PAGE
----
Ten years later, 9/11 survivors and victims’ family members still need you. Children who lost parents rely on scholarship funds to pay for college. Memorial sites commemorate the tragedies and honor those who died with the help of donations. First responders grappling with catastrophic illnesses and injuries look to organizations to advocate on their behalf and ease their financial burdens.
Here’s how you can help.
Home to many firefighters and financial service workers, the Rockaway peninsula in Queens lost more than 50 residents on September 11. In an effort to unite a community torn apart by tragedy, the Graybeards—a local basketball team—founded the eponymous charity to foster friendship and camaraderie. The area’s first and largest 9/11 charity hosts social gatherings, charity events, supports locals battling cancer and donates to such critical causes as the Wounded Warrior Project.
While working at the Ground Zero recovery efforts, 8,000 pounds of steel crushed John Feal’s foot. As he recovered, Feal decided he needed to help other responders who have suffered catastrophic injuries and illnesses. Established in 2005, the FealGood Foundation helps ease the financial burden of medical care and educates the public about the ailments these responders face.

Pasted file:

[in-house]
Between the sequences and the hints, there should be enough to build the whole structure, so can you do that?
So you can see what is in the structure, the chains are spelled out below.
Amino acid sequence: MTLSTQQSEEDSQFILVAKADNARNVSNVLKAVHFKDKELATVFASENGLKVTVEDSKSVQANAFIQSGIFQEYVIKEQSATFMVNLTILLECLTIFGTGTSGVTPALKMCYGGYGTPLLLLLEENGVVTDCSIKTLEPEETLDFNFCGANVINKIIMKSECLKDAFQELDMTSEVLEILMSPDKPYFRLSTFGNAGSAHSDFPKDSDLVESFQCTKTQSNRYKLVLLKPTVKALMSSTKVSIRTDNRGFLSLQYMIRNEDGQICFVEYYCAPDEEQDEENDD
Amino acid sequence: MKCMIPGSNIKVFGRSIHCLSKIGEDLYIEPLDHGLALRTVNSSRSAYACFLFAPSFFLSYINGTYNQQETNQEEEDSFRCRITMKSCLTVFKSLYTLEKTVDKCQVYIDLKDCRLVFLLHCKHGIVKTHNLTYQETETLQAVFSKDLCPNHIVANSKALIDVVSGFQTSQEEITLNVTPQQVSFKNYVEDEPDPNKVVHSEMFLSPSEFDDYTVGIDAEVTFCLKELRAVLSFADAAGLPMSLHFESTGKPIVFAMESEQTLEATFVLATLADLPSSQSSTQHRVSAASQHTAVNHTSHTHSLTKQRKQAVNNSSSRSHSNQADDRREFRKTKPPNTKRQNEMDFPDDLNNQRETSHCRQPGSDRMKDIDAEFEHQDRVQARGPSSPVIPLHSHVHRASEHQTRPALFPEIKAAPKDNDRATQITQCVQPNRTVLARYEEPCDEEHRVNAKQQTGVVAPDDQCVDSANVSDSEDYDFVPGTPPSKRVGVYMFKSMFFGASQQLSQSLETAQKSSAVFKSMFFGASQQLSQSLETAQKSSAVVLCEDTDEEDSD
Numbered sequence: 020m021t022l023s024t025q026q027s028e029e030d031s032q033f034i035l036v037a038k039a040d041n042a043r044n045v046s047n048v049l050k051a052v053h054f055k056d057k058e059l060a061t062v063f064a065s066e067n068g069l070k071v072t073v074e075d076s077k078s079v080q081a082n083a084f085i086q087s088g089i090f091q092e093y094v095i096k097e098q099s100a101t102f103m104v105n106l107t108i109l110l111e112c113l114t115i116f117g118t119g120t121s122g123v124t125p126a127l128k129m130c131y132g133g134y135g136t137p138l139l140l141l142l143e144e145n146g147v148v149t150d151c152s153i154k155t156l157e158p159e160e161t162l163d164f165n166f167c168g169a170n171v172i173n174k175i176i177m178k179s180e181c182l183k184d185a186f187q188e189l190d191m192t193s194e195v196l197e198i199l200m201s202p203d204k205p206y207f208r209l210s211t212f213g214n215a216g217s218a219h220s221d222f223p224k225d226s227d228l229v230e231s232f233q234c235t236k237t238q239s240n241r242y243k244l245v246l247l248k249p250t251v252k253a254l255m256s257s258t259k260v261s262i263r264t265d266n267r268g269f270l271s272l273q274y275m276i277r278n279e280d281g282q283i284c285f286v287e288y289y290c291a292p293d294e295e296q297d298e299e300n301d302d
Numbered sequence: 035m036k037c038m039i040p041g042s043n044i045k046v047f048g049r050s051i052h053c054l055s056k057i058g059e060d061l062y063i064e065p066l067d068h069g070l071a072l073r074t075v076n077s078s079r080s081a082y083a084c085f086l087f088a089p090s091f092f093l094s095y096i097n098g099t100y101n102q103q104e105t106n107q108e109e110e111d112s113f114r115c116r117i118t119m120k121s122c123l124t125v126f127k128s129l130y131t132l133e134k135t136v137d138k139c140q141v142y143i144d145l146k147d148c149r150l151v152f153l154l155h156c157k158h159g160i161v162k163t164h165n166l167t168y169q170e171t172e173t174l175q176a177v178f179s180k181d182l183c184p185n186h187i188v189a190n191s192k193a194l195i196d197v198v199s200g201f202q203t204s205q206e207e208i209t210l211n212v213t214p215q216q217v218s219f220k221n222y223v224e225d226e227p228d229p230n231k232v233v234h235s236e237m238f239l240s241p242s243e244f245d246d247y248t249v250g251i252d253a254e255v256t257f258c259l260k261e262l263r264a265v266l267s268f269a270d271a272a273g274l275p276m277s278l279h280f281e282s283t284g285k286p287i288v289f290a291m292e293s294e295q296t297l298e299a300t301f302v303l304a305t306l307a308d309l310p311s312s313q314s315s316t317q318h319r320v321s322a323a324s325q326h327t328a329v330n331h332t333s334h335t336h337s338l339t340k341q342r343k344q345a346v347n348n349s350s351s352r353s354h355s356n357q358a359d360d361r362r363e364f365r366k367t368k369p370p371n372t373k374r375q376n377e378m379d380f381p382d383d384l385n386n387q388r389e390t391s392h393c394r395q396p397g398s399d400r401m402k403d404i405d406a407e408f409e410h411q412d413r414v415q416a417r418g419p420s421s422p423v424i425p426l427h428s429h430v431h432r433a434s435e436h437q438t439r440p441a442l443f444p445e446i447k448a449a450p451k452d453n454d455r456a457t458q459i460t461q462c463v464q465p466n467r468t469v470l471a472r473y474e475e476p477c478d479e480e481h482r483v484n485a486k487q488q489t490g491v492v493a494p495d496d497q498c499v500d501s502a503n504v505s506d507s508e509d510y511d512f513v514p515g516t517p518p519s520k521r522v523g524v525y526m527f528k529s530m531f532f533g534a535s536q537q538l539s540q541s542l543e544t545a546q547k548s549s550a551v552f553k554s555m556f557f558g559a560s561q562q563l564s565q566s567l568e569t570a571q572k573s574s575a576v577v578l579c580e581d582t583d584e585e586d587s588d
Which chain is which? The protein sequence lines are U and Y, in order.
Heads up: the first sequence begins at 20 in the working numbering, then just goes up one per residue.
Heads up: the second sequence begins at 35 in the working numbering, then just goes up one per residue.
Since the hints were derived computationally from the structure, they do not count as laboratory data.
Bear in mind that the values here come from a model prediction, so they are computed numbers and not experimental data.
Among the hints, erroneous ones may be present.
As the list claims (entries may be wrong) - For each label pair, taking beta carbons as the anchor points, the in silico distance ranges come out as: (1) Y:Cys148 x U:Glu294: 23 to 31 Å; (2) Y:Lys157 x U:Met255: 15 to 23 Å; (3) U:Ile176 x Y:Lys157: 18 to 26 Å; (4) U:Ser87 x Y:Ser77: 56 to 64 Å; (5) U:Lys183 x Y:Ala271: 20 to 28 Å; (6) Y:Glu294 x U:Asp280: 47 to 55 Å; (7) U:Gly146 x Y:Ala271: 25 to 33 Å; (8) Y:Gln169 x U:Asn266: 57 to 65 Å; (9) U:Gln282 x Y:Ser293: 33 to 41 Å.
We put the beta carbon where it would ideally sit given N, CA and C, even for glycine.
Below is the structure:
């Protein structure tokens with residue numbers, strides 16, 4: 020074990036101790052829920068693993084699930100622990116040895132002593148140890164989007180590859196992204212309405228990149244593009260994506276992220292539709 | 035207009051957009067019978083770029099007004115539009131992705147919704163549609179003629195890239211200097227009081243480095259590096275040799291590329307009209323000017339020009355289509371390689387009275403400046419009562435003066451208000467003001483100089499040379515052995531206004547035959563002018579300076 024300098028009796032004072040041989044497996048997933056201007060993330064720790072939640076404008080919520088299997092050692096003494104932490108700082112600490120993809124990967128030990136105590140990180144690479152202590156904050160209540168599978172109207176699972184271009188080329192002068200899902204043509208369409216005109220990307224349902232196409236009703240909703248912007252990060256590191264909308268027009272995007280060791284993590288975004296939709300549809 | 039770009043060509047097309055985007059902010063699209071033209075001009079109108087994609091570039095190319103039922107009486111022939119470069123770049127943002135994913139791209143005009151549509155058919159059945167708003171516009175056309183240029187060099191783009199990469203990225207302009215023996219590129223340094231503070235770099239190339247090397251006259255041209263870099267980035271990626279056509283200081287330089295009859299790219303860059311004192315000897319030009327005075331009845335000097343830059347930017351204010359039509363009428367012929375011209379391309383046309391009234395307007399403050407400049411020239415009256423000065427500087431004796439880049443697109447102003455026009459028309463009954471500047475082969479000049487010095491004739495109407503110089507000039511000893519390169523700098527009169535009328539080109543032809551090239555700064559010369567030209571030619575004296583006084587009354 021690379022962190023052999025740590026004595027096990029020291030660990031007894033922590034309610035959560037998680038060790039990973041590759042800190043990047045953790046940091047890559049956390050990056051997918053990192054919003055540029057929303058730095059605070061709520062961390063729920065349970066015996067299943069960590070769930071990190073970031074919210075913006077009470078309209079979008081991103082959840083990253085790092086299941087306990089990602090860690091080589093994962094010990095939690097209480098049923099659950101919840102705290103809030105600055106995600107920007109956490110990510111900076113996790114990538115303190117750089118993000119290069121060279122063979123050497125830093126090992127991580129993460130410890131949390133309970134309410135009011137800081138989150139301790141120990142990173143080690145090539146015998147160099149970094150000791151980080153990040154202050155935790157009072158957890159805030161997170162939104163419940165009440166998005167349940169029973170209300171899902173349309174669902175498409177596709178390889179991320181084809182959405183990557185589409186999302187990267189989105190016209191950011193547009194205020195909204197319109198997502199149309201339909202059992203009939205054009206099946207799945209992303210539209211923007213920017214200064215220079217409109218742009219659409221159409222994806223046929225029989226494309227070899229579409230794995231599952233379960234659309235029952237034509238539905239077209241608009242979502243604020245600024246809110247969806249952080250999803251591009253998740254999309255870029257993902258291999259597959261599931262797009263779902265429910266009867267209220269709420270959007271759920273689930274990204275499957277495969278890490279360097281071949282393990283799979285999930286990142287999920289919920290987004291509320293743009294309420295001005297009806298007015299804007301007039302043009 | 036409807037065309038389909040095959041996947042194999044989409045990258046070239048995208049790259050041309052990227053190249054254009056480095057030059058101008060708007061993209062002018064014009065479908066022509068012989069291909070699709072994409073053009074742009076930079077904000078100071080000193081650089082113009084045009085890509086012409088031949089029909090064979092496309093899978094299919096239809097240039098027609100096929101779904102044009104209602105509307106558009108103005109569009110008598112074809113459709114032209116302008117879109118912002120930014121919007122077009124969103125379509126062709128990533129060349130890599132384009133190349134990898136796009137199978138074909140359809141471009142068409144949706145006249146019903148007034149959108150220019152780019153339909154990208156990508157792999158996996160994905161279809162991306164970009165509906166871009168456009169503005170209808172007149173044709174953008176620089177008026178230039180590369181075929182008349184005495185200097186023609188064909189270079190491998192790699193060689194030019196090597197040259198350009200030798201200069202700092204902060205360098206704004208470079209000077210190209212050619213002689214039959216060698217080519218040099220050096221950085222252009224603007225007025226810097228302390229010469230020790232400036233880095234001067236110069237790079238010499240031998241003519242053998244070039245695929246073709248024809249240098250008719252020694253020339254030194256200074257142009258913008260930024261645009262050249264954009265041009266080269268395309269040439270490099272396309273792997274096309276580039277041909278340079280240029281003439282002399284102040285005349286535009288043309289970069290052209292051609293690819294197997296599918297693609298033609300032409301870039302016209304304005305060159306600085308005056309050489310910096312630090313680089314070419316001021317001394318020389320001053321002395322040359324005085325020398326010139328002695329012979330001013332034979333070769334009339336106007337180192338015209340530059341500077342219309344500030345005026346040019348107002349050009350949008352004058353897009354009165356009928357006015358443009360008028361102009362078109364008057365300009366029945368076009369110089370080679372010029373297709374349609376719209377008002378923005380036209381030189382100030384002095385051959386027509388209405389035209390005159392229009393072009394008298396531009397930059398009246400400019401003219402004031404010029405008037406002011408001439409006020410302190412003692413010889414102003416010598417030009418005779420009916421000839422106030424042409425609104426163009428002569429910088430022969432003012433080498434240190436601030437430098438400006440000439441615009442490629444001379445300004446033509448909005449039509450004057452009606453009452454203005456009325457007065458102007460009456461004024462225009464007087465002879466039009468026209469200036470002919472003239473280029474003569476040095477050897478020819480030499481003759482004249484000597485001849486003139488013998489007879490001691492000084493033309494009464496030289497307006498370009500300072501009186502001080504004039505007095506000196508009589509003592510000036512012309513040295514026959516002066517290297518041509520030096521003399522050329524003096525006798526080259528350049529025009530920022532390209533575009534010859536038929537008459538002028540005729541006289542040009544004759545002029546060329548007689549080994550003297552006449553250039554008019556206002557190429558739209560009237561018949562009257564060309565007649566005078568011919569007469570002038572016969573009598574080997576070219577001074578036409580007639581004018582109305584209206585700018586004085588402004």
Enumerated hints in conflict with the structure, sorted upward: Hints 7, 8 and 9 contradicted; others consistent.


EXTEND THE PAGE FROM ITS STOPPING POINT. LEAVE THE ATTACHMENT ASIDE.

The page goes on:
In the past 10 years, Tuesday’s Children has provided emotional support to 3,000 children affected by terrorism. The organization that was founded to offer a haven for families who lost loved ones on September 11 has now evolved into helping anyone affected by terrorism around the world. Tuesday’s Children provides a wide range of supportive programming, including mentoring for children ages 7 to 18, career shadow days and career planning workshops for students getting ready to graduate from college.